Baron Frankenstein is once again working with illegal medical experiments. Together with a young doctor, Karl and his fiancée Anna, they kidnap the mentally sick Dr. Brandt, to perform the ...
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A dead and frozen Baron Frankenstein is re-animated by his colleague Dr. Hertz proving to him that the soul does not leave the body on the instant of death. His lab assistant, young Hans, ... See full summary »
Penniless, Baron Frankenstein, accompanied by his eager assistant Hans, arrives at his family castle near the town of Karlstaad, vowing to continue his experiments in the creation of life. ... See full summary »
Three middle-aged distinguished gentlemen are searching for some excitement in their boring bourgeois lives and get in contact with one of Count Dracula's servants, Lord Courtley. In a ... See full summary »
Baron Frankenstein is once again working with illegal medical experiments. Together with a young doctor, Karl and his fiancée Anna, they kidnap the mentally sick Dr. Brandt, to perform the first brain transplantation ever. Written by
The fifth installment in Hammer Films' Frankenstein series. See more »
When Anna drags the water-sodden corpse into the bushes, a crew member's shadow can be seen moving on the brickwork of the curb to the left of the corpse's feet. See more »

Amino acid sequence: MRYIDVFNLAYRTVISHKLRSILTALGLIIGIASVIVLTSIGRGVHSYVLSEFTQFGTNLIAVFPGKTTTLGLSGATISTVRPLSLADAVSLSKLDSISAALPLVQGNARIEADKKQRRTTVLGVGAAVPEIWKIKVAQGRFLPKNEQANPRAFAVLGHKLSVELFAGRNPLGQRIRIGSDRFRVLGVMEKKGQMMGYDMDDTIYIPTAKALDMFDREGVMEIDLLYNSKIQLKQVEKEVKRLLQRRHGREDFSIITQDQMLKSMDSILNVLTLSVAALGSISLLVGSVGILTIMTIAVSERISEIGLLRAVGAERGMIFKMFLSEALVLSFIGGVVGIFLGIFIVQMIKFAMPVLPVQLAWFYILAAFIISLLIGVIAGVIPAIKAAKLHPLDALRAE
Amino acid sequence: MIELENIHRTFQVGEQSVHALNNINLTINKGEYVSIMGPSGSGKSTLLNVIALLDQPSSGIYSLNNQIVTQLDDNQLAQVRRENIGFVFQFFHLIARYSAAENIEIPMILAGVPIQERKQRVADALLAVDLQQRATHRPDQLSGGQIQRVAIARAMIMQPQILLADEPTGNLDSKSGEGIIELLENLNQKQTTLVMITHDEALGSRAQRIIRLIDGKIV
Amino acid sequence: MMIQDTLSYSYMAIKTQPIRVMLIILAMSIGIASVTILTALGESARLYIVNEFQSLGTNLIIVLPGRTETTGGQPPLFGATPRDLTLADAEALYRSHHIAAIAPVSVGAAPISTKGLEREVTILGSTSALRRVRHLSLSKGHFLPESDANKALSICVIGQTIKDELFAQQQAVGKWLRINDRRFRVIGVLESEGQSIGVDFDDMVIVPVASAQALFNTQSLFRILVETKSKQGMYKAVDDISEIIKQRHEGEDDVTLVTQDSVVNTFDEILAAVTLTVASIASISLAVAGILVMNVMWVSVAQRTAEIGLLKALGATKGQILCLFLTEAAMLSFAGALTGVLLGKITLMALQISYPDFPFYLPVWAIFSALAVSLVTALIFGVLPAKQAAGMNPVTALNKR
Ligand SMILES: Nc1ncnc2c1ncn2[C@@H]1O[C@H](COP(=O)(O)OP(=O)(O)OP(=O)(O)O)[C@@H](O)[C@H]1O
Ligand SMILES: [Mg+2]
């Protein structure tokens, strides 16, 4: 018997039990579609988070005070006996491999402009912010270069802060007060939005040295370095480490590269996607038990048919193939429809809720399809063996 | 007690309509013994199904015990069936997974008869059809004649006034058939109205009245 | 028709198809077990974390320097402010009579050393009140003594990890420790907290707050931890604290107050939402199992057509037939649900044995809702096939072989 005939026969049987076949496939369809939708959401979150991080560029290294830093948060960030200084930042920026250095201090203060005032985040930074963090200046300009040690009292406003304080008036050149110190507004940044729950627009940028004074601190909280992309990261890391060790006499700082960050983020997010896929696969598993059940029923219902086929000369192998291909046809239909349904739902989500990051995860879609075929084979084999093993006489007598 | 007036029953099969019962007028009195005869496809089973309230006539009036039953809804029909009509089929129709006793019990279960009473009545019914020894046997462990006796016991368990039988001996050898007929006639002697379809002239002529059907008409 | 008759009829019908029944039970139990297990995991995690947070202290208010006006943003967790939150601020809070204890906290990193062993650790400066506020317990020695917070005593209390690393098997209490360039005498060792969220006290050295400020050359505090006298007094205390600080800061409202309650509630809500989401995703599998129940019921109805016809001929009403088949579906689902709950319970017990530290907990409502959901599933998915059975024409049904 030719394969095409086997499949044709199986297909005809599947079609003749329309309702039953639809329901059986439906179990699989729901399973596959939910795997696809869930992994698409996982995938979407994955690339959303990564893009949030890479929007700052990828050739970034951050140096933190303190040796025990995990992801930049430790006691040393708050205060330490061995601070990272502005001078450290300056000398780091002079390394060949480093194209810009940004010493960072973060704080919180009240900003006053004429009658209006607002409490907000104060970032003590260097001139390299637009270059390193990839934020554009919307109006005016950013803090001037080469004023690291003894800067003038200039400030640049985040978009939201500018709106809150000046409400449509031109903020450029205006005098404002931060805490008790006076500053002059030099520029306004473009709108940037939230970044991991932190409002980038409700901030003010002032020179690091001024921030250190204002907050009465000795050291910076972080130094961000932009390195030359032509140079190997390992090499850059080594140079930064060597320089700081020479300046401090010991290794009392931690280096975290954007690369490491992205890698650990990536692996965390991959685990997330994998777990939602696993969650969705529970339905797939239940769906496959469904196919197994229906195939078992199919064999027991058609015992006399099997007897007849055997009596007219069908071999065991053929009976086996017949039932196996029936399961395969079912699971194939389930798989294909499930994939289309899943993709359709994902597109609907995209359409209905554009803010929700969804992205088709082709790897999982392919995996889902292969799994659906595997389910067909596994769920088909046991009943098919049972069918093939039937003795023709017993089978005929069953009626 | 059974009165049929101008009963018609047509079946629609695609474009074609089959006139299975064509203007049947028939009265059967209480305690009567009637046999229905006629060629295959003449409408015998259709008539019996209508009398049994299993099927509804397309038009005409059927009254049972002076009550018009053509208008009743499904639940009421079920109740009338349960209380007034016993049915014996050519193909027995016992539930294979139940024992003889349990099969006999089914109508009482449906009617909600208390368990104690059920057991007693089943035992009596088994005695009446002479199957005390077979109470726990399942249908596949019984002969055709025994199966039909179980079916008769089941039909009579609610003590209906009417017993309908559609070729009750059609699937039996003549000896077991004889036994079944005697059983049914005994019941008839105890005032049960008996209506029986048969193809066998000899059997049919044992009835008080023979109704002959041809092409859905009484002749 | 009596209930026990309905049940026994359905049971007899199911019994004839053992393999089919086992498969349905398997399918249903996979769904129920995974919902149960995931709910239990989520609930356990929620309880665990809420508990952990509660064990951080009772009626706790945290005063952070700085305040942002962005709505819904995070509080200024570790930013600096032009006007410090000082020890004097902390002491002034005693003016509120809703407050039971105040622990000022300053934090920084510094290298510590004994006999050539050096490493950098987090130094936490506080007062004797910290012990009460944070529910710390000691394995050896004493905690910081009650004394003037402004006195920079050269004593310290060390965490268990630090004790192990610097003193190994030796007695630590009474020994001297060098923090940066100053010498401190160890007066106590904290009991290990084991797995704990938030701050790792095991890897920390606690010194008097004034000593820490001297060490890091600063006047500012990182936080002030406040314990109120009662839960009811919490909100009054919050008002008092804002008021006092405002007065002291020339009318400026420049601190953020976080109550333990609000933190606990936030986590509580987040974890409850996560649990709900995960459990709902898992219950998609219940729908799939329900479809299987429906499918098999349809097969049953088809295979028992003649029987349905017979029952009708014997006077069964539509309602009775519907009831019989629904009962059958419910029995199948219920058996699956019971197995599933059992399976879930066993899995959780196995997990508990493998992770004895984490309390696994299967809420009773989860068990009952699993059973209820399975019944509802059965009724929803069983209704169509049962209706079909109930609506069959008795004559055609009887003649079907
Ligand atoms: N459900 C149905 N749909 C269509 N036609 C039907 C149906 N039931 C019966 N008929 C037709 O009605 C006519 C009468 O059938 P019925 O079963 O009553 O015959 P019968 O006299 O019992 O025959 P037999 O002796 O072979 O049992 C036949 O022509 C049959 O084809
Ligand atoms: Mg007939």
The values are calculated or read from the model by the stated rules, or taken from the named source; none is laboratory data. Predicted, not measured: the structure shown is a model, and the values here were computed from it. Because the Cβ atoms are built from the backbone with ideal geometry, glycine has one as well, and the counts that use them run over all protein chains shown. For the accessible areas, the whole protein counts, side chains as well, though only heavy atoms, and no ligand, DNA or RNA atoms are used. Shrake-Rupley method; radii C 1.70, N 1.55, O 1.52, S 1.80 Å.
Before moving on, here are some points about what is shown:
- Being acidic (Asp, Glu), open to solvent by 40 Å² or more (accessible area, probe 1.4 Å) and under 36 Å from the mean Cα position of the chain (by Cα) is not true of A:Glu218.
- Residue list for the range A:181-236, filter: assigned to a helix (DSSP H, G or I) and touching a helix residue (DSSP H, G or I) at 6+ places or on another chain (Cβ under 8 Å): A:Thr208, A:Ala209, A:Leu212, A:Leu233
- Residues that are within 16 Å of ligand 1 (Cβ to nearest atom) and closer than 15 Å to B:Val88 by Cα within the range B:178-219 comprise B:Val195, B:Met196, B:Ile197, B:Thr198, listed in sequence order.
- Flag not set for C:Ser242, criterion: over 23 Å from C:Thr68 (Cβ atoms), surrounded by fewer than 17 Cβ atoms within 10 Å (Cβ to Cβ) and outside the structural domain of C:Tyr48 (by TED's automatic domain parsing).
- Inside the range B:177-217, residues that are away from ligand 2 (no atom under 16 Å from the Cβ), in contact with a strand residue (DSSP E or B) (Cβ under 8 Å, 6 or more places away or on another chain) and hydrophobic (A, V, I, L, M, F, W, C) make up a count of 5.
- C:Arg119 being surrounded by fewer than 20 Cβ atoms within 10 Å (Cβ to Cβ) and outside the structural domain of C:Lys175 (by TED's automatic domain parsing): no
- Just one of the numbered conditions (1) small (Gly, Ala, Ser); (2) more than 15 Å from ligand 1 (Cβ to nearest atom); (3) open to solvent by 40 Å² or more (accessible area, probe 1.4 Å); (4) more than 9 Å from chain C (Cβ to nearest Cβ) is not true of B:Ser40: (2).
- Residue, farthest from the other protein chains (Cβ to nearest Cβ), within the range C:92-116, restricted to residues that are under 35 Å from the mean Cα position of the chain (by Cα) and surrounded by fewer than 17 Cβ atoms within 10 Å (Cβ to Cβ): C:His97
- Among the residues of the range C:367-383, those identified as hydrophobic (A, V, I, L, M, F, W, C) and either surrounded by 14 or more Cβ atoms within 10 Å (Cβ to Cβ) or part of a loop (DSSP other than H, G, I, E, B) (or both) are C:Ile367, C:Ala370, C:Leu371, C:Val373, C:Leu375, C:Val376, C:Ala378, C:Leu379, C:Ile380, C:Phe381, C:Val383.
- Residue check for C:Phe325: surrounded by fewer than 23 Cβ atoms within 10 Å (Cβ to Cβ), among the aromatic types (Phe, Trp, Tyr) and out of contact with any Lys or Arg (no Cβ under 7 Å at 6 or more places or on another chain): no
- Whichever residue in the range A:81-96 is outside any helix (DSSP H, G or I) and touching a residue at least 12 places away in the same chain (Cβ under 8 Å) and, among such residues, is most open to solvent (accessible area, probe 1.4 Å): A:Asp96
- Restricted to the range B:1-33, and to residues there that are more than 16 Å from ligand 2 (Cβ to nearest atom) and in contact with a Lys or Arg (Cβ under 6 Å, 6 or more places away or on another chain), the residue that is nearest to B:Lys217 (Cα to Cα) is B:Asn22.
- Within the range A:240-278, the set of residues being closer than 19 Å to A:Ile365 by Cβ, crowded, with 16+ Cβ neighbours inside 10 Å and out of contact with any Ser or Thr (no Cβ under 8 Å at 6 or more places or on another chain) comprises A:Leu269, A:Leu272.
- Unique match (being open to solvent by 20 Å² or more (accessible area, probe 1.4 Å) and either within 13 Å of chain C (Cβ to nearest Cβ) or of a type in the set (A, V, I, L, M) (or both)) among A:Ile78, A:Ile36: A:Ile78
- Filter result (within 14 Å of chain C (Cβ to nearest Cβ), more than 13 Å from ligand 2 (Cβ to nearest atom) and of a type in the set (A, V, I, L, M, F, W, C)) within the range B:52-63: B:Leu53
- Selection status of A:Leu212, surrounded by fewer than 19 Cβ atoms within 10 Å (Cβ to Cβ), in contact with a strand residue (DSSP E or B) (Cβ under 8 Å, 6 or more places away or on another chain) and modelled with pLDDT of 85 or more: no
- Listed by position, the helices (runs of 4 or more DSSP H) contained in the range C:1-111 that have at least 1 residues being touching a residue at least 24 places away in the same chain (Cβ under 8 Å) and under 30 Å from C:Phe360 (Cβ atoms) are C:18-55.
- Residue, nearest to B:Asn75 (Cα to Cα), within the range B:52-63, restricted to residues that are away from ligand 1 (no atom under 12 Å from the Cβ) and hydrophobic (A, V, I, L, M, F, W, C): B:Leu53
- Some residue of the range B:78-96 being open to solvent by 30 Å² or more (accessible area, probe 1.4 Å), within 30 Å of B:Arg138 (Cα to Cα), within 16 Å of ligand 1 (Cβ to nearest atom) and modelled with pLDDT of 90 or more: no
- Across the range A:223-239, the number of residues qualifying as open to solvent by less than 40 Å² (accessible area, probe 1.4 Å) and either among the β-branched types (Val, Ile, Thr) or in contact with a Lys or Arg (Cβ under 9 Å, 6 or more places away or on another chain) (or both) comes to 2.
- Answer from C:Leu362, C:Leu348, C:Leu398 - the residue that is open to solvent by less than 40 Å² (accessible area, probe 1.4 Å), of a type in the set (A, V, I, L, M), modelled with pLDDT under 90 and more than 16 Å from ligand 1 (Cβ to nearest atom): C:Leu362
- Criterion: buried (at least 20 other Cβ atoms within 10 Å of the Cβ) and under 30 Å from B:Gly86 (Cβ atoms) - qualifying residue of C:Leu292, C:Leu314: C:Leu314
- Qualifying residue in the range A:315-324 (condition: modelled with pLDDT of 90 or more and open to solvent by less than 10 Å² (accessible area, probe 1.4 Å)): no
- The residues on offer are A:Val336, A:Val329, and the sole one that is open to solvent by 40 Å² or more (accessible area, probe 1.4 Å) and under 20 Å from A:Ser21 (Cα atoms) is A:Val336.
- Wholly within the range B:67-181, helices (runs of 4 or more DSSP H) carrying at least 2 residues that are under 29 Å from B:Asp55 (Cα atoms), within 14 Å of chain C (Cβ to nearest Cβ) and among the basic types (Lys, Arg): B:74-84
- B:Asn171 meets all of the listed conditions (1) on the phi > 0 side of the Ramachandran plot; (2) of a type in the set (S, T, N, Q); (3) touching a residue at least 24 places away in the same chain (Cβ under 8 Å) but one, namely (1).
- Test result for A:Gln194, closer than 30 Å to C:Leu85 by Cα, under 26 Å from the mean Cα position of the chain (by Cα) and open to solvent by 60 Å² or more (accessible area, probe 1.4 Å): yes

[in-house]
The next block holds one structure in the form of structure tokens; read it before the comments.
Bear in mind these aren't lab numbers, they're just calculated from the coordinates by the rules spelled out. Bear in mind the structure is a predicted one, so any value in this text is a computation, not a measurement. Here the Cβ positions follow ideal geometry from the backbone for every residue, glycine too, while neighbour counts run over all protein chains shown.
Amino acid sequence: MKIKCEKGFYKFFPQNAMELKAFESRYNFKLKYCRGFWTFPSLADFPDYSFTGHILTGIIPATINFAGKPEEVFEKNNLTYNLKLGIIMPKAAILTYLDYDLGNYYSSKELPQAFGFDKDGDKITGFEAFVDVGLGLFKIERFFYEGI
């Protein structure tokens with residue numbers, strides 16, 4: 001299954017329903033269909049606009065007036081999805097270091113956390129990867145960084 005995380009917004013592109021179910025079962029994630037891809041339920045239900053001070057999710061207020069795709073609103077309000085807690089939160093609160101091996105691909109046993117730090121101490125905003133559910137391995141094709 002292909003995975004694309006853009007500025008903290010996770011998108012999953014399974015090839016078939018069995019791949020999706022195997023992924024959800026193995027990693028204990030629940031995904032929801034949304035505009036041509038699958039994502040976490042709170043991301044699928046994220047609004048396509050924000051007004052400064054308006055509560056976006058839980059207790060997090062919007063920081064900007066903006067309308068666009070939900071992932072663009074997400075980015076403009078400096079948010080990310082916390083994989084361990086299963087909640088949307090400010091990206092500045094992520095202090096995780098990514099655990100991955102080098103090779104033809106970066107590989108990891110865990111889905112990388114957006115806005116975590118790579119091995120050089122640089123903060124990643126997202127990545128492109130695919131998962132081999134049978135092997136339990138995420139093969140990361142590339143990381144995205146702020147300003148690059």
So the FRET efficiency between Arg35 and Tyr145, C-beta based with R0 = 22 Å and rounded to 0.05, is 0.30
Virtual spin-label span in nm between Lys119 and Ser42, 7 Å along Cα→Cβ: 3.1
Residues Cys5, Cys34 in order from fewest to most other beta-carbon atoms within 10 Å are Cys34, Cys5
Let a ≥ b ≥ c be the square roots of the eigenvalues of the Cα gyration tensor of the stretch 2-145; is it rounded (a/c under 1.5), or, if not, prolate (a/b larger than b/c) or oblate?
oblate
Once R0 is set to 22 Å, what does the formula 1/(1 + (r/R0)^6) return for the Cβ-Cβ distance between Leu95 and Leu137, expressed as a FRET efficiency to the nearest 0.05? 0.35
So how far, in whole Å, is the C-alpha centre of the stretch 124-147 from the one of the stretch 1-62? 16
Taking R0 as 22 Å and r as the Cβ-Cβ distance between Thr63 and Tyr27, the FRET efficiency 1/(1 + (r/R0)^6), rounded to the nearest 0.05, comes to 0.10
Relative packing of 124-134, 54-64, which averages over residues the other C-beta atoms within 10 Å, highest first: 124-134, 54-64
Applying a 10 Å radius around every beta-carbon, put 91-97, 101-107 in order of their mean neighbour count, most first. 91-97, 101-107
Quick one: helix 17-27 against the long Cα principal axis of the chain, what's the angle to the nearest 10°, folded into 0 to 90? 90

Had man not been given to invention and experiment, then tonight, sir, you would have eaten your dinner in a cave. You would've strewn the bones about the floor then wiped your fingers on a coat of animal skin. In fact, your lapels do look a bit greasy. Good night.
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Hammer's 5th Frankenstein film is proof positive of the fine work of Cushing/Fisher.
Peter Cushing will always be THE final word on the role of Baron Frankenstein. Cunning, arrogant, relentless and above all else,charming. It could also be said that Terence Fisher is the final word on not only directing Hammer's Frankenstein series but Hammer films in general. This is not a new theory by any stretch regarding Fisher. His was the style by which all who played for Hammer's team would in some way emulate. It is no surprise, therefore, that FRANKENSTEIN MUST BE DESTROYED would be so good. Both actor and director had become pretty familiar with this material but rather than go through the motions something high above the expectation mark occurs. A good script certainly helps and indeed this time around there is. It is the relished performance of Peter Cushing and the carefully executed direction of Fisher which gives this film it's tasty Gothic flavor. Never seen a Hammer film? Here's your chance to sink your teeth into a good one.
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